Residents in cities across the United States rely on official state and government websites for information, news, weather, and paying bills like car registration and property taxes. When these official websites slow down or go offline due to hackers or traffic spikes, residents are inconvenienced. When official websites experience prolonged downtime or data loss, that inconvenience can last far too long.
For example, in January 2020, multiple cities in Oregon were hit with a cyberattack that knocked out all computer systems, took the city’s website offline, and disrupted phone functionality for days. Thousands of residents were inconvenienced during this time.
These cities in Oregon aren’t alone. Official city and government websites are a constant target for cyber attacks; thousands of these websites have been affected in the past and they continue to be affected today.
Hackers target government and city websites for a variety of reasons, but their vulnerability makes them easy targets. These websites are vulnerable because they’re not generally hosted on a server that can automatically regenerate a hacked site or spin up new resources to prevent a DDoS attack from taking it offline. Websites hosted on a cloud server are a different story.
Local cities are overdue for considering the cloud
Moving website hosting and networks to the cloud can alleviate the inconvenience after a cyber attack or other data disaster and prevent a prolonged recovery time. If those cities in Oregon had a cloud-based network and cloud hosting with 24/7 IT support, they would have been back online within minutes rather than days.
Hosting a website on a cloud server does cost more than a basic shared hosting plan, which is what many cities use. Cities want to save as much money as possible since they don’t always have a big budget for IT expenses like websites, hosting, and networks. However, the true cost of inferior hosting can be devastating.
In August 2019, the state of Texas had to take 23 government agency websites offline after a ransomware attack. The specific government agencies weren’t named, but they were said to be local governments.
Other institutions that are constantly under attack include media outlets, financial companies, and schools. For instance, Lancaster University fell victim to a data breach in July 2019 that resulted in student data being used in phishing attacks.
Cloud-based cybersecurity is top-notch
Moving to the cloud would be a wise decision for government and local agencies for many reasons and security is at the top of that list.
There’s no denying that cybercrime is on the rise. 2019 cybercrime statistics are frightening with plenty of DDoS, malware, and man-in-the-middle attacks. There were also instances of data breaches and web application attacks.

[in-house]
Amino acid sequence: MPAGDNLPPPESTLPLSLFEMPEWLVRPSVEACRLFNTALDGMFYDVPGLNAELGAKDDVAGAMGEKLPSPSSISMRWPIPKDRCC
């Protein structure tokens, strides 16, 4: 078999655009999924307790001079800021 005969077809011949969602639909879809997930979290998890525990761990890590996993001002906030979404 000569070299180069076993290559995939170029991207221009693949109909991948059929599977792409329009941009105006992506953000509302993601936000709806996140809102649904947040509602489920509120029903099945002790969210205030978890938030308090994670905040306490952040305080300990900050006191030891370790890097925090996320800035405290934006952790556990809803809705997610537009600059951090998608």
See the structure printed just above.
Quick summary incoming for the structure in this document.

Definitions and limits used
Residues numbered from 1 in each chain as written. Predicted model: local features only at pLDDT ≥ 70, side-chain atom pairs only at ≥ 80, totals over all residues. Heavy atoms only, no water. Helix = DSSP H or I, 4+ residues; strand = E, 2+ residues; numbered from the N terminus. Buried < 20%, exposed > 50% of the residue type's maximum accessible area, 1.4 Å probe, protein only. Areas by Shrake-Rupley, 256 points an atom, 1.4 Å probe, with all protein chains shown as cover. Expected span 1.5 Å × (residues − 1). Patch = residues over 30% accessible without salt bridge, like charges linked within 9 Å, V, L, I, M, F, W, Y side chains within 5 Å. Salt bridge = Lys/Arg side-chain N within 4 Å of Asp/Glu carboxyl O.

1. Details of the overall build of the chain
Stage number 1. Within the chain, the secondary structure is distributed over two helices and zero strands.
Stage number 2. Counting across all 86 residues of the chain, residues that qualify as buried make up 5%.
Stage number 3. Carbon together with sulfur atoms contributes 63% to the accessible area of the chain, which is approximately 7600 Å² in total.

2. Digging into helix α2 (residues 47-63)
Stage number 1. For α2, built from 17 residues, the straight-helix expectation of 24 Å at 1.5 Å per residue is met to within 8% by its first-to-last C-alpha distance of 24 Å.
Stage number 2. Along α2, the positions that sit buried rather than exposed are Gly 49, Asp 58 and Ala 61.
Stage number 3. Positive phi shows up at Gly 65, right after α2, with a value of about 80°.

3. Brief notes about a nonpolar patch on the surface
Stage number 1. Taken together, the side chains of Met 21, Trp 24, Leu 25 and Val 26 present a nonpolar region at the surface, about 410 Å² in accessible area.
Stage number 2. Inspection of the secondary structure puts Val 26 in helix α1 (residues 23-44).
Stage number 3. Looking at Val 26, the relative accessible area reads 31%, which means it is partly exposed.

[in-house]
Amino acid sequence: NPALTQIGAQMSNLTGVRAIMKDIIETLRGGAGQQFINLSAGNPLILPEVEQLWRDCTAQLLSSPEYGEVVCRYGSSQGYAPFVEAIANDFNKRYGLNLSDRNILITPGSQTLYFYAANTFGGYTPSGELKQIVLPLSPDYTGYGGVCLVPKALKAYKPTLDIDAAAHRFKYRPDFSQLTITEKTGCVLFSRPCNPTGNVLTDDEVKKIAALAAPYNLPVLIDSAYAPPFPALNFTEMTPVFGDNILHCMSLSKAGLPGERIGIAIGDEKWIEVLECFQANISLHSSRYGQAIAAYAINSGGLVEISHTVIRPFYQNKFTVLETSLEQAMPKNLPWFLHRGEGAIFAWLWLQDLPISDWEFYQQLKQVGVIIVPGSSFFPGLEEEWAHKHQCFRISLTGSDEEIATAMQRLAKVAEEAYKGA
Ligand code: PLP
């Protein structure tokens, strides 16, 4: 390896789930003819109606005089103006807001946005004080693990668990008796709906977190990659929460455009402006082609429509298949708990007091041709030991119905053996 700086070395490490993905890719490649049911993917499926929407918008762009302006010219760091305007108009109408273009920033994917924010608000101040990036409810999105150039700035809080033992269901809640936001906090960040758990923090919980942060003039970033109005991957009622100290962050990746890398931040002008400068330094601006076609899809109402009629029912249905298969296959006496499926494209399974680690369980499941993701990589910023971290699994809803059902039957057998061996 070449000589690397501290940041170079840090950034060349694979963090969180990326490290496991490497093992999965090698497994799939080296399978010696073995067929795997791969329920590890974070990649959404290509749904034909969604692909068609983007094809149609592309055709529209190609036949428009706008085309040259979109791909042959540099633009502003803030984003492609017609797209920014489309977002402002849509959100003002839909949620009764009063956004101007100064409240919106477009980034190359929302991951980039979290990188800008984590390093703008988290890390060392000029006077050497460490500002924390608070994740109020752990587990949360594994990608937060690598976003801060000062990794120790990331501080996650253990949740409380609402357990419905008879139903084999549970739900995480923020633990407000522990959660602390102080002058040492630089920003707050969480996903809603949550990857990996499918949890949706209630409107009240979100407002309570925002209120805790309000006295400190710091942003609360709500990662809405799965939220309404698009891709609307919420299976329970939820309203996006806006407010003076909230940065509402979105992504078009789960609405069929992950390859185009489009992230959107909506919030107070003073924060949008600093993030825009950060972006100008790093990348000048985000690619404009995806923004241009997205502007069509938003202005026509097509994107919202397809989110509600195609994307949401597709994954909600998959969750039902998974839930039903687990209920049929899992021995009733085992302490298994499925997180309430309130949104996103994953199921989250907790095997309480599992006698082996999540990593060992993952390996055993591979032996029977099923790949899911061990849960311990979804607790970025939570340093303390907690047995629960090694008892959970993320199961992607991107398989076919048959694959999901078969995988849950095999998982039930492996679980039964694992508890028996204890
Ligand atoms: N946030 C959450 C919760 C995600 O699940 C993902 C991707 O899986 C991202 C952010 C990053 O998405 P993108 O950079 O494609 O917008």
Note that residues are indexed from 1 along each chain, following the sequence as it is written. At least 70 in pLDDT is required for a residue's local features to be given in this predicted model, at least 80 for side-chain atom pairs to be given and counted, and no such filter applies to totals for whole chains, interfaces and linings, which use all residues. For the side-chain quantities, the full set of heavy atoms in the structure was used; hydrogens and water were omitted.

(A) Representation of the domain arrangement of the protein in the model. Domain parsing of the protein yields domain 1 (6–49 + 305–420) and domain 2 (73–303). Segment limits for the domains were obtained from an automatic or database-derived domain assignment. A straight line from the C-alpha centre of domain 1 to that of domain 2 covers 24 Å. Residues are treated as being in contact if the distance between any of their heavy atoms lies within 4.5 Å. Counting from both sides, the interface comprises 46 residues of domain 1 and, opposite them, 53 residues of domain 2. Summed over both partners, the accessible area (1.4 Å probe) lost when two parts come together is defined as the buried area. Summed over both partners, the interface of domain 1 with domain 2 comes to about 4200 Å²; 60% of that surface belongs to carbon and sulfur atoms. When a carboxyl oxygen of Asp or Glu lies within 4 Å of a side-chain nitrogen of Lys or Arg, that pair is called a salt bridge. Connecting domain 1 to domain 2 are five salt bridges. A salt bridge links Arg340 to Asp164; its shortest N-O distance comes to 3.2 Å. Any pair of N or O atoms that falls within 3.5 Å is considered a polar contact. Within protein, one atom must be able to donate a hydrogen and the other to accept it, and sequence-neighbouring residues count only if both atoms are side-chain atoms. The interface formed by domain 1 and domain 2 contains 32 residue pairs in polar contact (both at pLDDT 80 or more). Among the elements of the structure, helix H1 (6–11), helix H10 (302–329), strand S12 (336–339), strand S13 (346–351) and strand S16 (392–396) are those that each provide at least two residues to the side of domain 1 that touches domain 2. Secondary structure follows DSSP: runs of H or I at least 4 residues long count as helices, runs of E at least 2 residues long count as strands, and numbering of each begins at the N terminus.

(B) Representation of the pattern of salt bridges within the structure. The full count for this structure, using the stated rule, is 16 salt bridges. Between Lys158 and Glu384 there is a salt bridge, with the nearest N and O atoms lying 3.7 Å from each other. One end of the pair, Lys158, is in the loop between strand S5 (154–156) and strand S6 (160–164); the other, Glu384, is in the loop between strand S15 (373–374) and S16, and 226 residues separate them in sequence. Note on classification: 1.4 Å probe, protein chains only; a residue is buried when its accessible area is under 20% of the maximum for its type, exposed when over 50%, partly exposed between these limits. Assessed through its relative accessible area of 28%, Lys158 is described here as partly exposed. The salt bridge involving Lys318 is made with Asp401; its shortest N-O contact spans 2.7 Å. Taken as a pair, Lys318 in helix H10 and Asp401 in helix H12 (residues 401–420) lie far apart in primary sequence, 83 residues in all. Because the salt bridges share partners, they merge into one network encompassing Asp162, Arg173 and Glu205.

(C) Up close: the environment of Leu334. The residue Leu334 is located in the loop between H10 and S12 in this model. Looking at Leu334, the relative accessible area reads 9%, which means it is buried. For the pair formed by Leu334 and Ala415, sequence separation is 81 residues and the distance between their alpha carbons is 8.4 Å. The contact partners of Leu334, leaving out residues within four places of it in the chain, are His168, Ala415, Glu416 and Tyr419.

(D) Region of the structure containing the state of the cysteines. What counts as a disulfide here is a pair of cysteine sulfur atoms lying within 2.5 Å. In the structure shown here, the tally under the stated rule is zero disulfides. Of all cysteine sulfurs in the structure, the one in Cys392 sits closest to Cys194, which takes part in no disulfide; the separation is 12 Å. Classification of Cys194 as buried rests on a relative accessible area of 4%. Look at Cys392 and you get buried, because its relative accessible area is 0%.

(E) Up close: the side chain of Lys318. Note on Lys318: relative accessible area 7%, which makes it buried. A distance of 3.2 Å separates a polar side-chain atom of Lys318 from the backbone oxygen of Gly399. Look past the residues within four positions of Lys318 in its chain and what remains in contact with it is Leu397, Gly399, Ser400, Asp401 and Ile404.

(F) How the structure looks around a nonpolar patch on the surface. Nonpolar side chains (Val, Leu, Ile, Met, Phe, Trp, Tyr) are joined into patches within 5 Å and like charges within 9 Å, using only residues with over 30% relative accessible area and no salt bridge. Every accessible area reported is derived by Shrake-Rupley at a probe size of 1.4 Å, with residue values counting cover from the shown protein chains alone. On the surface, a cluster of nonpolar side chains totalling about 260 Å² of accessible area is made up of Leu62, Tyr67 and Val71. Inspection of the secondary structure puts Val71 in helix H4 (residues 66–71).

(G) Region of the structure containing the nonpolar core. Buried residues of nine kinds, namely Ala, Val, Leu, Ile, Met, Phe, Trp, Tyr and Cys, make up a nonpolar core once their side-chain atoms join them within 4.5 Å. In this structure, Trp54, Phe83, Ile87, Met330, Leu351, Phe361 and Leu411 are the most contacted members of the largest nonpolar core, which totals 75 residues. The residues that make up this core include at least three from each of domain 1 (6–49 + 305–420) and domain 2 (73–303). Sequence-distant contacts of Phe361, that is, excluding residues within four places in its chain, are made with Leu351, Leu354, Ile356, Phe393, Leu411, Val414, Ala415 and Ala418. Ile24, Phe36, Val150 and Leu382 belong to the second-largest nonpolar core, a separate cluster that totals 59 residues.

Cloud-based hosting and networks provide a cyber security advantage. While it’s far from perfect, cloud security implements secure connections (like HTTP(s) protocols and TCP/UDP services like SSH, SMTP, and SFTP. Also, local and remote access to networks can be restricted by authentication applications.
Although cyber security in the cloud is advanced, it’s still up to each individual organization to implement security protocols and policies. According to Forbes, the most common causes for cloud data breaches are misconfigured access restrictions on storage resources and improperly secured systems. These issues aren’t the cloud vendor’s responsibility.
In addition to organizations enforcing strict security policies, cloud vendors are using high-tech tools to monitor for security breaches in real-time and thwart, deflect, and recover from threats as quickly as possible.
Moving to the cloud is no longer an option
Why haven’t more cities moved their websites to the cloud? City officials may not see the need for cloud services as urgent because there are other options. For instance, if the department of licensing website is down, residents can call, mail a check, or visit their local DMV/DOL to register their vehicle or pay fines.
While people do have the option of paying in person or by mail, people live busy lives and sometimes being able to pay a simple fee online can avoid frustration. For a disabled person who needs to schedule rides well in advance, the convenience of being able to immediately pay a fee online is priceless.
When the system is down even for a day, some people might end up having to pay late fees and extra fines for missing their payment due date.
Hopefully city officials will soon recognize the convenience and security offered by the cloud and at least consider making the switch.